Hopeful Monster at Modulus Festival – An experience in experimentation

This year marks the 12th iteration of Music on Main’s Modulus Festival, a four-day event filled with music, conversation and a closing night pizza party. One such performance at Modulus features a collaboration between Costa Rican-born composer Mauricio Pauly and Armenian-Canadian pianist Eve Egoyan. Pauly and Egoyan are one of the headlining acts at the Nov. 3–6 event, closing out the Saturday (Nov. 4) night with a performance at the Roundhouse Centre.

“We wish our audience to be embraced within our sound worlds,” says Egoyan about her album collaboration with Pauly, Hopeful Monster, which the duo are set to debut at the Festival.

Musical experimentation with strangers

Egoyan and Pauly met in 2018 through a mutual friend in Toronto who set them up on what Egoyan calls “a musical blind date.” Though they had never played together before, they immediately clicked, planning to collaborate in the future.

“In a musical space, we could recontextualize and build on each other’s propositions in very exciting ways,” Pauly says.

Egoyan felt similarly, adding that meeting Pauly gave her an immediate sense of ecstatic joy.

“I also felt a profound sense of musical trust and an open curiosity to the mix of our sound worlds, our otherness,” says Egoyan.

Hopeful Monster is an album born from online communication before finally coming together in studio at Simon Fraser University where Pauly is an associate professor. It combines acoustic piano with technology and software that manipulates the sounds, creating an album that aims to mix unique sounds into something completely different.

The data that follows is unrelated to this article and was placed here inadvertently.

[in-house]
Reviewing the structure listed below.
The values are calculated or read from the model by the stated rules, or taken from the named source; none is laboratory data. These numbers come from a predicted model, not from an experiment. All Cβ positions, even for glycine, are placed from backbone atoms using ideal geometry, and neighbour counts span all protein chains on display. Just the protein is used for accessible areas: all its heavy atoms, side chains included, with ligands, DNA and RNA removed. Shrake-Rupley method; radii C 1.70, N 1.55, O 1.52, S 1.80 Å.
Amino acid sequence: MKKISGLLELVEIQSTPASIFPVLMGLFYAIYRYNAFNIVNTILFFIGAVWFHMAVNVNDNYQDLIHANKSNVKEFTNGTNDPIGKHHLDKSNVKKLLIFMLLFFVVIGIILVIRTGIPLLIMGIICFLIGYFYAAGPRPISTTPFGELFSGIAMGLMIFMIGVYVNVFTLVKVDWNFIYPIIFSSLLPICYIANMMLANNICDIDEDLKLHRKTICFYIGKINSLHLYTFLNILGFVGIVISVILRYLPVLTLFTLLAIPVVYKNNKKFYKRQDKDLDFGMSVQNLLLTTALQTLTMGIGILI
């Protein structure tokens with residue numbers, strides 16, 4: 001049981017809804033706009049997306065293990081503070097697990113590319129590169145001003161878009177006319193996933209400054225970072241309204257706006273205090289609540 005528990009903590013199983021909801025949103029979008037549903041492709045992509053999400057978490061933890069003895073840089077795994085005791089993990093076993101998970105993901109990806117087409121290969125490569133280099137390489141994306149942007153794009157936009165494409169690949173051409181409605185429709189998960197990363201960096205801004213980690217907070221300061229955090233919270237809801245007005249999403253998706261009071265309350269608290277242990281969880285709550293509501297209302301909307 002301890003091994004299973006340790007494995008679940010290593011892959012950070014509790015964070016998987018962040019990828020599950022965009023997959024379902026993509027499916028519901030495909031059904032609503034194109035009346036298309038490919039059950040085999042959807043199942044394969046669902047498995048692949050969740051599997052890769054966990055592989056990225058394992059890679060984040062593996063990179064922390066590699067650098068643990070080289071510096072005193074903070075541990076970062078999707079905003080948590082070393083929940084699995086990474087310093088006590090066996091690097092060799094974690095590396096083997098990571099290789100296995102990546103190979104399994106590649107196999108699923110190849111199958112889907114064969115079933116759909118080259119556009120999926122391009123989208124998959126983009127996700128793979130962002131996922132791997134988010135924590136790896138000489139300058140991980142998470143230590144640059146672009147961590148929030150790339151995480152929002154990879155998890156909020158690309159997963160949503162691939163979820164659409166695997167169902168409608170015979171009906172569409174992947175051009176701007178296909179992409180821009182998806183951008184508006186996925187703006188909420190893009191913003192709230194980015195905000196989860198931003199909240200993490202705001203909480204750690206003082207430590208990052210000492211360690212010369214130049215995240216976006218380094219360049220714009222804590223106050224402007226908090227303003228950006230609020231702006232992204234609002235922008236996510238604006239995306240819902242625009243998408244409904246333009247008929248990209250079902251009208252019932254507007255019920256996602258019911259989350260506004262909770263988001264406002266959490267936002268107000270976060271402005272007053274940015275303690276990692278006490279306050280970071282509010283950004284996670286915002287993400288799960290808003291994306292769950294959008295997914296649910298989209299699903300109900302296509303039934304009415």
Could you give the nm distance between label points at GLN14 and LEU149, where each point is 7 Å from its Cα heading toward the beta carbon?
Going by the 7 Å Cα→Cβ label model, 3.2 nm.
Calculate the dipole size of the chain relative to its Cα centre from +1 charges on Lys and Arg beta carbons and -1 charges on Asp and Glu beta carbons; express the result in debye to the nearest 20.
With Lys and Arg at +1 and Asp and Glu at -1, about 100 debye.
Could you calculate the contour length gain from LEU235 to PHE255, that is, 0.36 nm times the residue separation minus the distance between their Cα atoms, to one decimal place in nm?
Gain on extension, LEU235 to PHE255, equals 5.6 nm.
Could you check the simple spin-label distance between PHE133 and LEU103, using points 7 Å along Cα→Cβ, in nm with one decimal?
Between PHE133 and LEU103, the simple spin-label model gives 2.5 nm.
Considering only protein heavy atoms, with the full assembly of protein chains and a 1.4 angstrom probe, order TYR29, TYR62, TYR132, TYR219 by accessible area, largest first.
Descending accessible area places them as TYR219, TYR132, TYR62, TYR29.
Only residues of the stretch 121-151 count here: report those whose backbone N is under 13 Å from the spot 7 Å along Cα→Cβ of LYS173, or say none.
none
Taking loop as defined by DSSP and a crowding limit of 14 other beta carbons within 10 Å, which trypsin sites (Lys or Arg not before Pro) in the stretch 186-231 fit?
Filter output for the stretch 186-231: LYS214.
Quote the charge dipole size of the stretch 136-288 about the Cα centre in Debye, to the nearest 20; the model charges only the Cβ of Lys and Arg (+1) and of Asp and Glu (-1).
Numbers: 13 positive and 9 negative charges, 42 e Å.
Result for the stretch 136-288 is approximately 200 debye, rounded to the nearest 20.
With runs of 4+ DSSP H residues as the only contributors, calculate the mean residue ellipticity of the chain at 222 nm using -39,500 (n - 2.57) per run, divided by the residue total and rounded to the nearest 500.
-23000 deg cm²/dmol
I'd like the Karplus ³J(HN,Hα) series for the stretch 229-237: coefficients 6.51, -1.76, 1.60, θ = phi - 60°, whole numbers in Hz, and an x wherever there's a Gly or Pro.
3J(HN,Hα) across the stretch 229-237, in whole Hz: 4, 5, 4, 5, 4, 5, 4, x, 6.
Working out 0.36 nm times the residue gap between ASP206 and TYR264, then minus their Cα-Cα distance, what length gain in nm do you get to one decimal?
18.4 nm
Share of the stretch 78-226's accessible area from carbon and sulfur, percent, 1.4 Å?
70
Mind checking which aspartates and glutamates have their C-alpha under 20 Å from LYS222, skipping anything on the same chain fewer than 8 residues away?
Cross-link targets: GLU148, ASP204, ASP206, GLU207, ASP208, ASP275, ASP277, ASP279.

Egoyan blends the sound of a real piano with software that models the physical instrument, allowing her to shadow the acoustic piano with a virtual one. This extends the expressive and sonic range to allow her to create something experimental that plays with the limits of the instrument. Pauly brings his skills with transforming and sampling sound in real time to the project, creating music that is based in collaboration.

“The ways in which we can work with [each other’s] outputs and reactions is a process of navigation, of discovery. This ensemble that we are working with is itself a navigation device and world calling out for discovery,” says Pauly.

Hopeful Monster as a performance

Eve Egoyan and Mauricio Pauly. | Photo by Jessica Han.

Egoyan and Pauly improvised when making this album. They played off each other, creating Hopeful Monster by selecting moments of their recordings they thought could not only stand alone as a singular piece, but which could also work together to create a coherent collection. They believed it was hard to identify inspirations, concluding that there were none in the work. It was all improvisational.

“There was no discussion about what we played; no limits or paths were determined,” says Pauly. “The record is a snapshot of how our intuitions were braided together in performance.”

The duo will perform in the round, which is a circular stage surrounded by the audience. Egoyan and Pauly worked with Music on Main artistic director David Pay and his team to determine what would work best with the layout and acoustics of the space. The stage setup is simple, just a table for Pauly’s gear and a grand piano for Egoyan. Egoyan says the staging choice is meant to allow the audience to be focused completely on the sound.

“The blending of what we create is profoundly unique and layered,” says Egoyan.

Cover of the Hopeful Monster album.

Both artists are thrilled to be performing at the Modulus Festival. For Egoyan, who has played at Modulus before, it’s a joyful return. For Pauly who moved to Vancouver in 2017, it’s a homecoming.

As for what the artists hope audiences take away from their performance Pauly says he is curious. He does not have any specific hopes or expectations, but hopes the “unique expressivity of [their] connection comes through.”

For Egoyan, she hopes audiences will feel the emotion she and Pauly did while making Hopeful Monster.

“I hope that our audience will feel invested in our sound, taken on a new sound journey and feel the joy in our music making,” says Egoyan.

For more info about the show, and about Modulus Festival, visit: